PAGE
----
James Dyson's electric car will have driverless elements and be totally self-made

 
Lynsey Barber
Follow Lynsey
The Dyson Supersonic Hair Dryer Launch Event
Dyson's car will not be fully autonomous (Source: Getty)

Sir James Dyson has said the company's electric cars will have "some driverless in it" and will be completely self-made, rather than relying on parts made by other companies.

The British entrepreneur finally revealed the plans for an electric car in September, confirming speculation of the move from vacuums to vehicles.

No decision has yet been taken on where the production of the cars will take place, said Dyson, speaking on the BBC's Andrew Marr Show on Sunday morning. Dyson manufactures its products in Malaysia and Singapore.

Read more: Dyson has appointed a new chief executive as it embarks on electric car

"Of course that is coming, slowly, we mustn't rush that" he said, referring to driverless technology

"It's interesting because we have to develop everything... battery technology, because that's crucial to it, electric motors... so it will be an entire Dyson car, not other components," he said.

"We're going to make it ourselves, whether that's in the far east, or wherever, we haven't decided yet. But it's really about component supply and skills.

"We will go where it's best to make the car," he added.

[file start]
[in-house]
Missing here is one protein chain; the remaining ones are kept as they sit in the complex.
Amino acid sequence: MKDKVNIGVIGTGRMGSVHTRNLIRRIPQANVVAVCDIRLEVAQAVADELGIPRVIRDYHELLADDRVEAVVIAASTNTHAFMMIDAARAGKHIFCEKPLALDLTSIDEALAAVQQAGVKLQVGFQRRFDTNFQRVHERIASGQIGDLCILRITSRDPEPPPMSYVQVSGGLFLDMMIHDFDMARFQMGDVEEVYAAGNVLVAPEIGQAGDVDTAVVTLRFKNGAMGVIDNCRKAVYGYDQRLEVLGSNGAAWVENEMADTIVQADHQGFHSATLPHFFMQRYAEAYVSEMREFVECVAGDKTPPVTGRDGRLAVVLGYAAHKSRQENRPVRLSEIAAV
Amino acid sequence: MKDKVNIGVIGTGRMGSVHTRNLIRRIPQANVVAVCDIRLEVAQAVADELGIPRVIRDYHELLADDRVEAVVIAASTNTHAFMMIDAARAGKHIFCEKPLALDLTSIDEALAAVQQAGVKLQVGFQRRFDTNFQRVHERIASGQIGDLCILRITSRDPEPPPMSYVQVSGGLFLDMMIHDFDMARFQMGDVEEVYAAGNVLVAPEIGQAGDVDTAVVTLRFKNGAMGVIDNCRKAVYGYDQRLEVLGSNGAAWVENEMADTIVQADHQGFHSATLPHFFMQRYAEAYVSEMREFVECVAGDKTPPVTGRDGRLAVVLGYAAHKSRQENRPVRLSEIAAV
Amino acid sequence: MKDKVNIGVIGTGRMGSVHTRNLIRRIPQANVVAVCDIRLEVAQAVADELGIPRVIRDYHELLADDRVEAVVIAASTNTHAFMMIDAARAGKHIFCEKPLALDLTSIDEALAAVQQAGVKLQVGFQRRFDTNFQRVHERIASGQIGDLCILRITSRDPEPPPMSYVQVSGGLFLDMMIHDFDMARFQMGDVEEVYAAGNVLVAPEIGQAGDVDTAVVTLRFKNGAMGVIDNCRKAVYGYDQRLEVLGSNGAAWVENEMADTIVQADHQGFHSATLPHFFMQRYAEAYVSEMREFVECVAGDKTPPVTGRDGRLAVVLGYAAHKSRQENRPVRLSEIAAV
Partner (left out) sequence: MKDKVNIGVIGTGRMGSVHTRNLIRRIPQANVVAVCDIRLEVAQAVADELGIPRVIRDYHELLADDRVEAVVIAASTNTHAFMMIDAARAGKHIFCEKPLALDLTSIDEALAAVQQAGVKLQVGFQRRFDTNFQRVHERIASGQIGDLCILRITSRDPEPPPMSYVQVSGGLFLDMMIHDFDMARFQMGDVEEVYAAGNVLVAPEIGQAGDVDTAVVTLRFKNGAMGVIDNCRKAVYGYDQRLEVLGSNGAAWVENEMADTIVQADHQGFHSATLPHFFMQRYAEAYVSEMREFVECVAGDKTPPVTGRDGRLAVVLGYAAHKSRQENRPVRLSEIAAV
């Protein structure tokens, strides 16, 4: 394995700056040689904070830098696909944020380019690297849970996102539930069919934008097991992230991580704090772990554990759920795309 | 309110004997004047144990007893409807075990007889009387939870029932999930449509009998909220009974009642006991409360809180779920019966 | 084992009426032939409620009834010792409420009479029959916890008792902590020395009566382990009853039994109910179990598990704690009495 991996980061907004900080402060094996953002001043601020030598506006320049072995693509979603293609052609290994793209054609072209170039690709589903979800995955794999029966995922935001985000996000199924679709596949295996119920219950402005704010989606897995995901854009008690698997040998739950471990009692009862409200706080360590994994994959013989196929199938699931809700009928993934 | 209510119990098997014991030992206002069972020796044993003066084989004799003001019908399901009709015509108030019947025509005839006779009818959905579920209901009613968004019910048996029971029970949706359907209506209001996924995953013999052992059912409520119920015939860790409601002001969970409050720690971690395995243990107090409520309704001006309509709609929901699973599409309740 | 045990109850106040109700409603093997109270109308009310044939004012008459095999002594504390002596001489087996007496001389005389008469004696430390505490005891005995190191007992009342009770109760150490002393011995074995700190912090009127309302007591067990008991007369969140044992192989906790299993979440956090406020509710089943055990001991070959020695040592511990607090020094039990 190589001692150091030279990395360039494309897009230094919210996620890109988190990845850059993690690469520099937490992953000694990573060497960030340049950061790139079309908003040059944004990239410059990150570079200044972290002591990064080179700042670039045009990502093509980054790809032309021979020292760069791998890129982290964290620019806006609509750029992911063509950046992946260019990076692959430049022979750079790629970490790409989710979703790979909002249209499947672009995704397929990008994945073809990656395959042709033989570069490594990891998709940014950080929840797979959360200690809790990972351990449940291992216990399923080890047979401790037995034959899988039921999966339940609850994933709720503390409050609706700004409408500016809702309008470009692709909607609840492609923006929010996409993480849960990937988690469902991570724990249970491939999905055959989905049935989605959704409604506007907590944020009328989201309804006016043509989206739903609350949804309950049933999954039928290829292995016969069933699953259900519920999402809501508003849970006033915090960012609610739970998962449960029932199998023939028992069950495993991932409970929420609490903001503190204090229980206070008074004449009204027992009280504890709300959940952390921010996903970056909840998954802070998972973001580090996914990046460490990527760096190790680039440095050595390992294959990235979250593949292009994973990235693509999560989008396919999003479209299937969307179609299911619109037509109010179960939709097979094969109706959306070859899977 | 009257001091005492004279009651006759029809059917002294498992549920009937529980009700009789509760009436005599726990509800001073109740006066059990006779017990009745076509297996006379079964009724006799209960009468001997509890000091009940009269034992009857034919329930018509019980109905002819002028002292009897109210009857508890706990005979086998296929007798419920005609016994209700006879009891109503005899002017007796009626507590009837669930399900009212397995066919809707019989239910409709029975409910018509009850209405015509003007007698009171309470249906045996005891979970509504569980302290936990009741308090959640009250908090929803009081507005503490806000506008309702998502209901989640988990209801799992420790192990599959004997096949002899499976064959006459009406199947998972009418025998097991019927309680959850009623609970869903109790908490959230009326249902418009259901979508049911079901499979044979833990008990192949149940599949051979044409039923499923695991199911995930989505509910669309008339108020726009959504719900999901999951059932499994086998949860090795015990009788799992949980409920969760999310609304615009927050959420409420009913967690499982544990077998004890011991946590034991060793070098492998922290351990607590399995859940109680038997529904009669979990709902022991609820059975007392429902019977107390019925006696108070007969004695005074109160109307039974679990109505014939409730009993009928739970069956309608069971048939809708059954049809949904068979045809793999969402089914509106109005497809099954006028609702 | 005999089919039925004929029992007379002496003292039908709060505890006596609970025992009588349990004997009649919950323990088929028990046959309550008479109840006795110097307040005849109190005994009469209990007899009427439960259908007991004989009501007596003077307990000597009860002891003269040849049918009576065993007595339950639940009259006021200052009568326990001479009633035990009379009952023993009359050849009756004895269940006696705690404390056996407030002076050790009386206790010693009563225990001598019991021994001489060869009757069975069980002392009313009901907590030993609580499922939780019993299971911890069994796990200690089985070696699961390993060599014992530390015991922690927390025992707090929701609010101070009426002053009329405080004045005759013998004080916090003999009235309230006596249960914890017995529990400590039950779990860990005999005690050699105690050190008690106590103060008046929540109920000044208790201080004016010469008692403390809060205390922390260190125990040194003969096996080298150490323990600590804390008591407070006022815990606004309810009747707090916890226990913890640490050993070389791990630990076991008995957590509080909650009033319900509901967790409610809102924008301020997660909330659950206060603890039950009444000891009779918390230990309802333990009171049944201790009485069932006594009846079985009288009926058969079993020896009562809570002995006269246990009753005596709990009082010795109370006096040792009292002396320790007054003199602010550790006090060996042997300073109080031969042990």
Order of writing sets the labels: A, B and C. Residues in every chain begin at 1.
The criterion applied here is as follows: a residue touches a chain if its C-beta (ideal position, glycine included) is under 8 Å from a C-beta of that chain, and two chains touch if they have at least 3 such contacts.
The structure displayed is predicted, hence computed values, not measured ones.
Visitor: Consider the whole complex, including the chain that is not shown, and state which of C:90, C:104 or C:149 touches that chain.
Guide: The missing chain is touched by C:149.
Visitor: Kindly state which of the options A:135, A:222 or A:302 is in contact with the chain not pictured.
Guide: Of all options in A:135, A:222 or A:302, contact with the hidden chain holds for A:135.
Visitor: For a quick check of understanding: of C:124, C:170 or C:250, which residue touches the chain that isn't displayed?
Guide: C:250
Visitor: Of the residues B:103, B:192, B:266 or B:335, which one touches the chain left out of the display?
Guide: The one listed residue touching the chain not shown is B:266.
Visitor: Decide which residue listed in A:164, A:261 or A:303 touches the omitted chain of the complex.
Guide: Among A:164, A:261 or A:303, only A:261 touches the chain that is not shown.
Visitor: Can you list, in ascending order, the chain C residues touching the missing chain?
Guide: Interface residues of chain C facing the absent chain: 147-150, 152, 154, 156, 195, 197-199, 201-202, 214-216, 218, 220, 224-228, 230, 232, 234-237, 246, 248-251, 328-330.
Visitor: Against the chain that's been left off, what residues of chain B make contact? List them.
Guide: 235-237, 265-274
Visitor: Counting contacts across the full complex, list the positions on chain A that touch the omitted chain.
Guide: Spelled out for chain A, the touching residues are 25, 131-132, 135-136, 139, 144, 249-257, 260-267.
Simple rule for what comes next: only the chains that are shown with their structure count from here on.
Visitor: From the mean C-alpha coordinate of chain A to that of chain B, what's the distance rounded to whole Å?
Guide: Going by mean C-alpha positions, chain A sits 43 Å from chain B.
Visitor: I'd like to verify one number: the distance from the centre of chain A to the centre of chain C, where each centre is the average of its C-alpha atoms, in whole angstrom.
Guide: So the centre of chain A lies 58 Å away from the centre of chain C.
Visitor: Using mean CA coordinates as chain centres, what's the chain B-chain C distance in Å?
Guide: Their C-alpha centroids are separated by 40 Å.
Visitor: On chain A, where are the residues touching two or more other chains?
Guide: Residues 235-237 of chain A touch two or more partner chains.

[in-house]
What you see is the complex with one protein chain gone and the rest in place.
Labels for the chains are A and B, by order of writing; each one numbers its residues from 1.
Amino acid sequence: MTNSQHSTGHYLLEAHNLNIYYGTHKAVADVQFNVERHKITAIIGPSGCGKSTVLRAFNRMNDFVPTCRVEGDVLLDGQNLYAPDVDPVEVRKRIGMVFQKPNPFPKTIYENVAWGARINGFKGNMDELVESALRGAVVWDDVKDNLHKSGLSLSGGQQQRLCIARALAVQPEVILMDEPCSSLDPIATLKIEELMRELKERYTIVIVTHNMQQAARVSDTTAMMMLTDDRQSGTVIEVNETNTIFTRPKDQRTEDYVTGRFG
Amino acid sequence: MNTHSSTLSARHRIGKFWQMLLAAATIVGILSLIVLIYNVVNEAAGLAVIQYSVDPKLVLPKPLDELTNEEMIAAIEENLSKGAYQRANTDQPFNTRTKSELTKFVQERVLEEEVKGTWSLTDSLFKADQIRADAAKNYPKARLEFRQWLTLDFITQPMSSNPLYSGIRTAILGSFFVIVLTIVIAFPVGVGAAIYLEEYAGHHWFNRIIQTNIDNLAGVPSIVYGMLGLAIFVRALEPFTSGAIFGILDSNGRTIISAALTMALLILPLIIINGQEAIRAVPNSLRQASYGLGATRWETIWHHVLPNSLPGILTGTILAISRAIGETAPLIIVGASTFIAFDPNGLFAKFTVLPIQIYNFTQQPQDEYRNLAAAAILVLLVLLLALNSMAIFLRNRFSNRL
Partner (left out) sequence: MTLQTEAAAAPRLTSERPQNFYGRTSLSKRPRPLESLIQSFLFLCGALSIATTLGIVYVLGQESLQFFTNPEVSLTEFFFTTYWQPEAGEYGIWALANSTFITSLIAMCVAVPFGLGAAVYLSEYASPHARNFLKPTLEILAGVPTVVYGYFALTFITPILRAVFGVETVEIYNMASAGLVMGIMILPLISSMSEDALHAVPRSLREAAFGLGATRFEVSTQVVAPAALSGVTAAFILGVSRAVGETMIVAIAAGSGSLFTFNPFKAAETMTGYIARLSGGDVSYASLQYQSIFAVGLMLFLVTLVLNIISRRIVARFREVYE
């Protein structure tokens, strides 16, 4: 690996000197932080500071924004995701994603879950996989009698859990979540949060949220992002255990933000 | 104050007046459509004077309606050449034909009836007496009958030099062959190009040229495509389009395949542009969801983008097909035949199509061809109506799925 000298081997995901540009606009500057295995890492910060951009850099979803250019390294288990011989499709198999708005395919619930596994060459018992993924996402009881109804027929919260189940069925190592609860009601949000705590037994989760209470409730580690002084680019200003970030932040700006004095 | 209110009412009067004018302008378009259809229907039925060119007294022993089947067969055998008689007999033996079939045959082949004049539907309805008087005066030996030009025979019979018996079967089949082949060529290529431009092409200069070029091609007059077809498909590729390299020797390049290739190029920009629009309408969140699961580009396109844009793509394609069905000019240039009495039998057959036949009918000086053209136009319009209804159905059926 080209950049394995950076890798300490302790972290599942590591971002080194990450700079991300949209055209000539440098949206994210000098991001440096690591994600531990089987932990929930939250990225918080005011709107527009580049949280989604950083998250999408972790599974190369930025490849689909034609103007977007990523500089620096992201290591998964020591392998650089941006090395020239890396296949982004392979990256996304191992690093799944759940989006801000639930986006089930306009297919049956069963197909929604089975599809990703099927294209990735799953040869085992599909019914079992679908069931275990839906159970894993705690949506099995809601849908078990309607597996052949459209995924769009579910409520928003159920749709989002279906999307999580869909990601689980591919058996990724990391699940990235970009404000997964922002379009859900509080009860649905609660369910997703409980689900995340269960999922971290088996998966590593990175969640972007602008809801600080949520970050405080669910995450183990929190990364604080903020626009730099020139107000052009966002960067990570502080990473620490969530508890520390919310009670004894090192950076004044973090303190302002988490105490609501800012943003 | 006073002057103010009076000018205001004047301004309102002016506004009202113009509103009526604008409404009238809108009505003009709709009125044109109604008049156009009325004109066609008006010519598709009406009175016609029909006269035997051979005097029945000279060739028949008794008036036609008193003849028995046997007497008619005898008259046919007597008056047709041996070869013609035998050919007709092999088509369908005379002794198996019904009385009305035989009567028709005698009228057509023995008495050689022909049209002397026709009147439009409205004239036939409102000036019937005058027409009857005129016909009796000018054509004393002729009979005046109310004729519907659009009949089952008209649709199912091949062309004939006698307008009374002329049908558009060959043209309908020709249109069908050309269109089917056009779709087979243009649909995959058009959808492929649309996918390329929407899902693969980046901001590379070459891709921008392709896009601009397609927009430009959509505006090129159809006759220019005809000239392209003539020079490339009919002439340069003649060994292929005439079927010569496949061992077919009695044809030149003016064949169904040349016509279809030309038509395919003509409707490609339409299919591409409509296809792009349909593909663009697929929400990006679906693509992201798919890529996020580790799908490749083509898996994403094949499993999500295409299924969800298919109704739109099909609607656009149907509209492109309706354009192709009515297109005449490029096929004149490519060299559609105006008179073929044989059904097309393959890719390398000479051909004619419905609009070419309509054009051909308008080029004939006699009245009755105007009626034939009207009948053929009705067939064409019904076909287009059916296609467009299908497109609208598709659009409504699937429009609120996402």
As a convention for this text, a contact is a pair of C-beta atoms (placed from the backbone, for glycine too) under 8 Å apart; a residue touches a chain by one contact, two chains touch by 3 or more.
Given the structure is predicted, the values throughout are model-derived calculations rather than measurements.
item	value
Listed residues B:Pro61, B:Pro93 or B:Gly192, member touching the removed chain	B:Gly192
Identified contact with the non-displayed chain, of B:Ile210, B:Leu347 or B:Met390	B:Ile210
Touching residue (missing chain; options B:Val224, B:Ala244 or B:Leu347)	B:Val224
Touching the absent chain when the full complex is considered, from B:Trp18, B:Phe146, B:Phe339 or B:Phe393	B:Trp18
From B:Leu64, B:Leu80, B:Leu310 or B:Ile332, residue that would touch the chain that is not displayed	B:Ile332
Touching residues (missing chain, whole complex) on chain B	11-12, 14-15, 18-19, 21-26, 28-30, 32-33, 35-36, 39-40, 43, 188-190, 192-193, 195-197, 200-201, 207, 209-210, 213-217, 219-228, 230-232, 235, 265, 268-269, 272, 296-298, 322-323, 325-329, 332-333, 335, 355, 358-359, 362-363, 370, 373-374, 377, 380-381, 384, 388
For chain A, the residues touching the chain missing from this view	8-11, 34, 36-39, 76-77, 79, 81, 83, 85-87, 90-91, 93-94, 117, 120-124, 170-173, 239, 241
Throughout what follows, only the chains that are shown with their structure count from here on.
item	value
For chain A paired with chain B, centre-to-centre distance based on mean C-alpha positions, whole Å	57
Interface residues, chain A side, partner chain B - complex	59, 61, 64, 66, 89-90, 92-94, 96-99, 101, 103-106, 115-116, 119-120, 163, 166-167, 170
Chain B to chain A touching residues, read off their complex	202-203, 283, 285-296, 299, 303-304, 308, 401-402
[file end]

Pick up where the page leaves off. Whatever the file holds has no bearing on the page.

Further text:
But the former RAF base Hullavington where it's building a new research centre will be used for testing the vehicles.

But he warned of a major shortage of skills in the UK.

"We're hundreds of thousands engineers short at the moment and I think we'll be 2m engineers short by 2022.

He also said it was "madness" that the UK asks foreign students studying engineering to leave the country.

Read more: It's official: Dyson's planning an electric car, to be launched by 2020

"What I'm much more interested in is keeping engineers here who have studied at British universities," he said.

"I've been speaking to the government for years about it. Damian Green at the home office for example told me if we allowed engineering students to stay, a whole lot of universities would pop up having spurious engineering courses, which is nonsense," he said, adding that the situation was at an impasse.

Dyson has opened its own institute of technology that offers engineering degrees and training to help address the shortage.

Related articles